Friday, May 27, 2016

Another NYPD Official "Retires" From NYC Corruption

Bill De Blasio's legacy will be:  the Most Corrupt Mayor since William Magear (“Boss”) Tweed, the “Tiger of Tammany,” 

Boss Tweed

Police Commissioner Bill Bratton, Mayor De Blasio, Michael Harrington

Third High-Ranking NYPD Official Files for Retirement Amid Corruption Probe

NEW YORK CITY — A third high ranking NYPD official has filed for retirement amid the federal corruption investigation into a pay-for-favors scandal in the nation's largest police force, DNAinfo New York has learned.
Deputy Chief Michael Harrington, who was stripped of his badge and gun nearly two months ago, handed in his papers at Police Headquarters on Thursday, sources said.
The three-decade veteran, who was second in command in the NYPD’s citywide housing bureau, is the third top commander this week to leave the NYPD since Commissioner Bill Bratton said he expected arrests in the probe.
Harrington, who comes from a long line of respected officers, served previously as the right hand man for then-Chief of Department Philip Banks, who was the initial target of the now 2 1/2-year federal investigation.
Under city regulations, officers who retire are guaranteed their respective pensions even if they are arrested and convicted of a felony. Commissioner Bratton has 30 days to file charges against an officer, if warranted, that would halt their departure until the charges are resolved.
Banks, who has not been charged with any crime, took trips and junkets with two wealthy businessmen, Jona Rechnitz and Jeremy Reichberg, who served on Mayor de Blasio’s Inauguration Committee. 
The federal investigation of the NYPD centers on allegations that police officials took gifts in exchange for favors. The probe has also expanded to City Hall, where top mayoral advisers are being eyed over how they raised funds for various de Blasio political agendas.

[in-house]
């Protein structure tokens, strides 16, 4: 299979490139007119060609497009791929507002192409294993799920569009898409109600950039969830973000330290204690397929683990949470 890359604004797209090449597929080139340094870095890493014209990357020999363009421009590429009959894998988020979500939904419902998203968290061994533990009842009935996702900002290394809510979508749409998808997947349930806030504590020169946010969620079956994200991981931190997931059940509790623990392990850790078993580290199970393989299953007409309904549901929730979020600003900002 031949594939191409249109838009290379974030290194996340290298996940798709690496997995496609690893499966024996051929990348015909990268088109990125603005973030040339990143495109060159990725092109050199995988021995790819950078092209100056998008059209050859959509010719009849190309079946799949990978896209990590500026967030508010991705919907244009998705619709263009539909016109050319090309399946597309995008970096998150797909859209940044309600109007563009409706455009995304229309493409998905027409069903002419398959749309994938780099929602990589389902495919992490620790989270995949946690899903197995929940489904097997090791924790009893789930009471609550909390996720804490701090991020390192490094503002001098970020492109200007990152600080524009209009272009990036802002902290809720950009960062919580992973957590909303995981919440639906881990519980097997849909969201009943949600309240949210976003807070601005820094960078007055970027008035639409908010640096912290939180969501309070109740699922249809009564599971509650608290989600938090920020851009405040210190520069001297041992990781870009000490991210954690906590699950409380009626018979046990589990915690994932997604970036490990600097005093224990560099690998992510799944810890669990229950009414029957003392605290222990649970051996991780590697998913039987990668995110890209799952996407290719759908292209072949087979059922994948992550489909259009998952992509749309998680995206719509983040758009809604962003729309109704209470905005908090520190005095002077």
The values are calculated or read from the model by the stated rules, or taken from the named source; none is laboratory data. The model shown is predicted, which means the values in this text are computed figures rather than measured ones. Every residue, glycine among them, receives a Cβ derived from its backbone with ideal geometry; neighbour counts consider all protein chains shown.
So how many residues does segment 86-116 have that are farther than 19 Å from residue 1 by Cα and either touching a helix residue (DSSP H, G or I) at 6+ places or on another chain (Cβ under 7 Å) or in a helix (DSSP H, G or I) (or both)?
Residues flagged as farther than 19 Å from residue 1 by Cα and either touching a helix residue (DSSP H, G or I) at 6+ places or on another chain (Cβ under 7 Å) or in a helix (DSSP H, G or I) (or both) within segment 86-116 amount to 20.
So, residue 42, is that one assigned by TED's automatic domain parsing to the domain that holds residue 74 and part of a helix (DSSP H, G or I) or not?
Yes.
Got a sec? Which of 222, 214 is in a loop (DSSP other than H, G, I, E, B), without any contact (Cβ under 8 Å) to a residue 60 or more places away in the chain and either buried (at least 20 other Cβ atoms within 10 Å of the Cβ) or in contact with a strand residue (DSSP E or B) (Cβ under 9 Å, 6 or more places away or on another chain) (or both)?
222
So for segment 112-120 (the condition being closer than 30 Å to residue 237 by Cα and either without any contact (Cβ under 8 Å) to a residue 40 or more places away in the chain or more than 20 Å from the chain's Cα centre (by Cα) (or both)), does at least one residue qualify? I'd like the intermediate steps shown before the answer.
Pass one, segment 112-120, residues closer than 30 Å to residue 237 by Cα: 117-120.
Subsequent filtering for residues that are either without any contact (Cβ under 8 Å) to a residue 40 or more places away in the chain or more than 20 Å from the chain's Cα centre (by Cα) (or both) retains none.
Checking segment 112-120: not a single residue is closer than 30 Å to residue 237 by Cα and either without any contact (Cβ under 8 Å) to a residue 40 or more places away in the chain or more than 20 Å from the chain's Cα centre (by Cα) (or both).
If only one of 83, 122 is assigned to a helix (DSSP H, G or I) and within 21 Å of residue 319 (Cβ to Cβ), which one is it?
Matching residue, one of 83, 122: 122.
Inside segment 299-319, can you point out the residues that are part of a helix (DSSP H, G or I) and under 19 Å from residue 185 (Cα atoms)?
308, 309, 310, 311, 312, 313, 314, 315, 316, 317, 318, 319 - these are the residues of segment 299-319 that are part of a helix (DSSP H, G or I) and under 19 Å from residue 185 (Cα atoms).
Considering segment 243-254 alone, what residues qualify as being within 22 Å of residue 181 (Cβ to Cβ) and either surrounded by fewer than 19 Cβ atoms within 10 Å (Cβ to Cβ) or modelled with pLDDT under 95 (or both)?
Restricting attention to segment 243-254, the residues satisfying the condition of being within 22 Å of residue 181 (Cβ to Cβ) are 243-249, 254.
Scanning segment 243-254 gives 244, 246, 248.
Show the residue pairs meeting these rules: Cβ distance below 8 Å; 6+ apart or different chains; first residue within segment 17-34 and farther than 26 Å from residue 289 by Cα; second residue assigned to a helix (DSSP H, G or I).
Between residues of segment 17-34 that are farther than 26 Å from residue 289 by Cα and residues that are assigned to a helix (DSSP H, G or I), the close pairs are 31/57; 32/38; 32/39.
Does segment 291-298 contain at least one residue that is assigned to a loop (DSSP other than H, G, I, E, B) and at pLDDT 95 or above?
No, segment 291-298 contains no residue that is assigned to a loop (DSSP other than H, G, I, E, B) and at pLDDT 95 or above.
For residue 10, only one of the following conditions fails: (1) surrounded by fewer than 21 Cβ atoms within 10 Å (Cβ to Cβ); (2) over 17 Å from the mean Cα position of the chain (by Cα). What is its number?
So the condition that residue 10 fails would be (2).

Roy Richter, president of the Captain’s Endowment Association, declined to comment.
Deputy Chief David Colon, a 30-year veteran, filed for retirement on Wednesday, a day after Deputy Inspector James Grant pulled the plug on his career just shy of his 20th anniversary in the department.
Colon was known to hang out in the now-shuttered Harlem restaurant Hudson River Café, which was owned by Hamlet Peralta, a suspected con man recently arrested by the feds for operating a $12 million Ponzi scheme linked to the corruption scandal.
Deputy Inspector James Grant, who had served as the commander of the Upper East Side's 19th Precinct before his name surfaced in the scandal, is suspected of taking discounted jewelry and a trip to Las Vegas on a private jet from the two businessmen in exchange for police escorts.
Police officials said this week that they can't prevent individuals from retiring. However, they were able to reject a retirement application from Detective Michael Milici, who served as the Community Affairs officer at the 66th Precinct in Borough, because he took the Fifth when approached by the FBI — a violation of departmental policy.
Milci, who had more than 20 years on the force, was instead fired by Commissioner Bratton. But because of his tenure he is allowed to collect his full pension.
As many as another 10 officers — mostly high level officials — have been caught up in the federal probe, including two in the License Division who are suspected of taking money in exchange for gun permits without proper background checks.

Tuesday, May 3, 2016

Sheldon Silver Gets 12 Years in Prison

Sheldon Silver, Ex-New York Assembly Speaker, Gets 12-Year Prison Sentence